Oh Lord, stuck in Lodi again
Just about a year ago
I set out on the road
Seekin’ my fame and fortune
Lookin’ for a pot of gold
Thing got bad and things got worse
I guess you know the tune
Oh Lord, stuck in Lodi again
Credence Clearwater Revival made the song, and the town, famous in 1969. At the time, the small town of Lodi was a bit of backwater, located somewhere between Stockton and Sacramento, and was a thriving farming community.
Fast forward 50 years, and it is still a thriving farming community, but today, most of the agricultural pursuits center around wine. In the 70s and 80s, and to some extent today, large production facilitates that focused on both bulk wine and zinfandel made the wine of the region famous. Lodi is still the self-proclaimed capital of Zinfandel, and over 40% of premium Zin from California is produced here.
In addition to a strong heritage of Zinfandel, Lodi has also been home to many other varietals. With the 4th and 5th generation wine families, you can find Iberian, Rhone, Austrian and German grape varietals all thriving.
This year, the annual Wine Bloggers Conference is headed to Lodi in August. Ahead of the storm, I was invited by the Lodi Wine Commission to a whirlwind tour of Lodi – focusing on “anything but zin” – my specific request to showcase the lesser known grapes that thrive in this region.
A short 90 minute (just don’t leave at rush hour!) drive from the Bay Area, Lodi is a hidden goldmine of delicious and living history. One such vineyard is Mokelumne Glen Vineyard, which specializes in German and Austrian varietals.
With strong ties to Germany, the Koth family has over 40 varietals of both obscure and more common grapes planted here, in a hidden spot where the river dips and a natural “glen” is formed.
Originally planted to Zinfandel vines, as so much of Lodi was, Bob Koth (right) had a natural curiosity about viticulture and started researching what other grapes would do well there. Today, that has culminated in the German Collection Vineyard, an experimental block next to their house, where 35 of the 41 varietals are planted. With just a row or two of most, it is a true experimental vineyard. If you’re lucky enough to get a bit of this fruit, it is true gold.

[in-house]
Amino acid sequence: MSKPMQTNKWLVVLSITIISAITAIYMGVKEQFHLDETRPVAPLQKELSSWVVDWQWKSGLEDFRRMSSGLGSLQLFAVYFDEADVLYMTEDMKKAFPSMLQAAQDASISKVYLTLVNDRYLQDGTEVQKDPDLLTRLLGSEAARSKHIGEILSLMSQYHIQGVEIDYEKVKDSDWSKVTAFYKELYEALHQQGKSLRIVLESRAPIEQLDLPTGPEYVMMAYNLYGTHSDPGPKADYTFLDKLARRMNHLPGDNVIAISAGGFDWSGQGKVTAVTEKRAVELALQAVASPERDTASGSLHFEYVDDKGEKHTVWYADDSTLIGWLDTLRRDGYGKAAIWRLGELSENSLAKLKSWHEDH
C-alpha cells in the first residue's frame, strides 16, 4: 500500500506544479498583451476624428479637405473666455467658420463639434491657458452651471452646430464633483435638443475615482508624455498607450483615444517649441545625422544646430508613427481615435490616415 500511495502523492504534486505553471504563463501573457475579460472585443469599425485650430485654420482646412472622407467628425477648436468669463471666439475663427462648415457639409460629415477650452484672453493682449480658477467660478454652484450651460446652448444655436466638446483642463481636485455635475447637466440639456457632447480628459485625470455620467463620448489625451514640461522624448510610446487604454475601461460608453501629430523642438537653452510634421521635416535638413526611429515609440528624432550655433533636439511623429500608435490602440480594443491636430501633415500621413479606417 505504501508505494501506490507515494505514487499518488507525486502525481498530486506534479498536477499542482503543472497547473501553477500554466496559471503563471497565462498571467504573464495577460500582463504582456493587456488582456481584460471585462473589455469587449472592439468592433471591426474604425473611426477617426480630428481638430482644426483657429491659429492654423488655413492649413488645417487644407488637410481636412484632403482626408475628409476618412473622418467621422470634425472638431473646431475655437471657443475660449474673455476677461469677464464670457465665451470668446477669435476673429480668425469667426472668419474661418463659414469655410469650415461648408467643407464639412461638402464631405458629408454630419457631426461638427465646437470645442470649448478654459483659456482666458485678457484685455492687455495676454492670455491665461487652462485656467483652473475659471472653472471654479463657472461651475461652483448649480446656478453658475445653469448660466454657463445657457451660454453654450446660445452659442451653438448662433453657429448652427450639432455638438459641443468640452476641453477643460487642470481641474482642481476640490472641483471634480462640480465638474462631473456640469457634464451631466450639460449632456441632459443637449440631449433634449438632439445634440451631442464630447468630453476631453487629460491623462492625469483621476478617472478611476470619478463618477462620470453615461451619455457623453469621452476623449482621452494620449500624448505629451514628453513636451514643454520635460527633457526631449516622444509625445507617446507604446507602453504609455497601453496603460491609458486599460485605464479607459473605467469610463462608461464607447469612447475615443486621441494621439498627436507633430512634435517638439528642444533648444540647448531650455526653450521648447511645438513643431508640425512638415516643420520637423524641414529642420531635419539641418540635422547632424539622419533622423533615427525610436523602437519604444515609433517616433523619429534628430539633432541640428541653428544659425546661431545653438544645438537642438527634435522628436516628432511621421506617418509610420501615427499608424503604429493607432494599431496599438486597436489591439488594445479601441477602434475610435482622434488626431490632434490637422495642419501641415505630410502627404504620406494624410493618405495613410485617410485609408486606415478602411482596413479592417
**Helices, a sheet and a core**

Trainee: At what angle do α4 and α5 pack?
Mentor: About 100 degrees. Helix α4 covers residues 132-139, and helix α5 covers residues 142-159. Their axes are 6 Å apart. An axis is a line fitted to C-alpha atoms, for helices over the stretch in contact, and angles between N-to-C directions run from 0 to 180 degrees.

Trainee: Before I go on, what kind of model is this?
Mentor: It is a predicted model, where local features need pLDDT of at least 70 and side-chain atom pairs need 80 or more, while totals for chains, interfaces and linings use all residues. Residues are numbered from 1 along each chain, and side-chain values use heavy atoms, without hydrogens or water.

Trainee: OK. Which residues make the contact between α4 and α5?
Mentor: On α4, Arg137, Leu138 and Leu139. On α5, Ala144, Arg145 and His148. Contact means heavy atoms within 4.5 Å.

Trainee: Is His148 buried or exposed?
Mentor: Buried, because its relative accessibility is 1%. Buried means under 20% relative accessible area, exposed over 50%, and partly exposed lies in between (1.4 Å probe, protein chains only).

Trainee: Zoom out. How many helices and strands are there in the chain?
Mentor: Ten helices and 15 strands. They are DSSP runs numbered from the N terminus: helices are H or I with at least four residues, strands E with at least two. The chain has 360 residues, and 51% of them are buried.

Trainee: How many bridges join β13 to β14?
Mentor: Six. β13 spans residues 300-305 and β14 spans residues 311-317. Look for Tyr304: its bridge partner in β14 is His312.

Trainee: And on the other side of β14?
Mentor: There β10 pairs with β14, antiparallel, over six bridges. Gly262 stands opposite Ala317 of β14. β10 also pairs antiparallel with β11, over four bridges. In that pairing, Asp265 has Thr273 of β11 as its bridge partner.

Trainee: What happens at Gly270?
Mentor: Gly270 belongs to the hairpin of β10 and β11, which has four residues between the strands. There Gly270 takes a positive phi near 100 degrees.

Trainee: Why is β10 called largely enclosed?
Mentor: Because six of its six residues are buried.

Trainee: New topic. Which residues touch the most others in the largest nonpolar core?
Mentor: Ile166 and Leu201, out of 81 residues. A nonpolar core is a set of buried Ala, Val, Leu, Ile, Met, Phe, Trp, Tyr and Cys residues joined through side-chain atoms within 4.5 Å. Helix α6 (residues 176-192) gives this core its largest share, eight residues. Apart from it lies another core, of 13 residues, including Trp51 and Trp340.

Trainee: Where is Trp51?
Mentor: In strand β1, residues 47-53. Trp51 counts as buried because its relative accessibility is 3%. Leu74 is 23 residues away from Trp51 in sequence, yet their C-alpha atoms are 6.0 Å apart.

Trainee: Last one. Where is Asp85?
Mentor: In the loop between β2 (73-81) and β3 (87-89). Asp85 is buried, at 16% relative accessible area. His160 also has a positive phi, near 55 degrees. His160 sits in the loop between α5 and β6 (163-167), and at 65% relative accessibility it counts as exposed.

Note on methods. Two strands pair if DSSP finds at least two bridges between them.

After touring the property, we went in to town and sat down for lunch at Pietro’s, where we tasted some lovely wines from Bob’s fruit.
|Sidebar Kerner – This aromatic white is a cross between Trollinger and Riesling, and is common in Germany, but unsual outside oft hat region. This was a nice refreshing white, with a medium body and delicious saline and mineral finish, with rich apricot notes.|
|Markus Wine Co Nativo white blend – The Markus Wine Company is a coop between winemaker Markus Niggli and Borra vineyards, where Swiss born Niggli can play a bit with styles and structure. The Nativo is a fresh and fun light white, that is 53% Kerner and 28% Riesling, with a 15% dollop of Bacchus. Bacchus, as it turns out, is another blended grape – developed as a cross between Silvaner and Riesling, and then that result crossed with Muller-Thurgau. Does everyone have their family tree ready to fill out? The intensity of the grapefruit note was brilliant, with bright acid and fresh cut herbs, floating in a field of flowers. This was the perfect white wine for a warm lunch al fresco!|
|Forlorn Hope’s Gemischter Satz is a true chorus of voices, which is a clear representation of Mokelumne Glen‘s Germany Block project. With 5-7 vines of each varietal (final blend is a well kept secret), it dances with white jasmine and spring flowers, and refreshing citrus on a foggy day.|
|One of my favorites of the afternoon was the Borra Vineyards Vermentino, a delightfully light, crisp, and citrus driven white. I have loved Vermentino since my first trip to Italy, where the fruit forward dry white is an easy sipper, as the mineral core keeps the sweetness of the ripe citrus at bay.|
|Who doesn’t love a rose? On a warm day, I would drink rose…all day. The Borra Vineyards Rosé Members Reserve is no exception, and is a classic Provencale recipe for happiness: 63% Syrah, 37% Carignane, and 100% love. Bright wild strawberries, watermelon, and earthy hints of Tuscan melon and dried figs. I could, and did, drink this glass, and another, and another.|
One key point to note about all of these wines is the absolutely stunning QPR. With an average price of $20 or under, these are luxuries you can afford every day!
There is so much more to say about Borra and Markus wines, such as the intriguingly acid driven Petite Sirah, and the blends. But that, is for another day of discovery.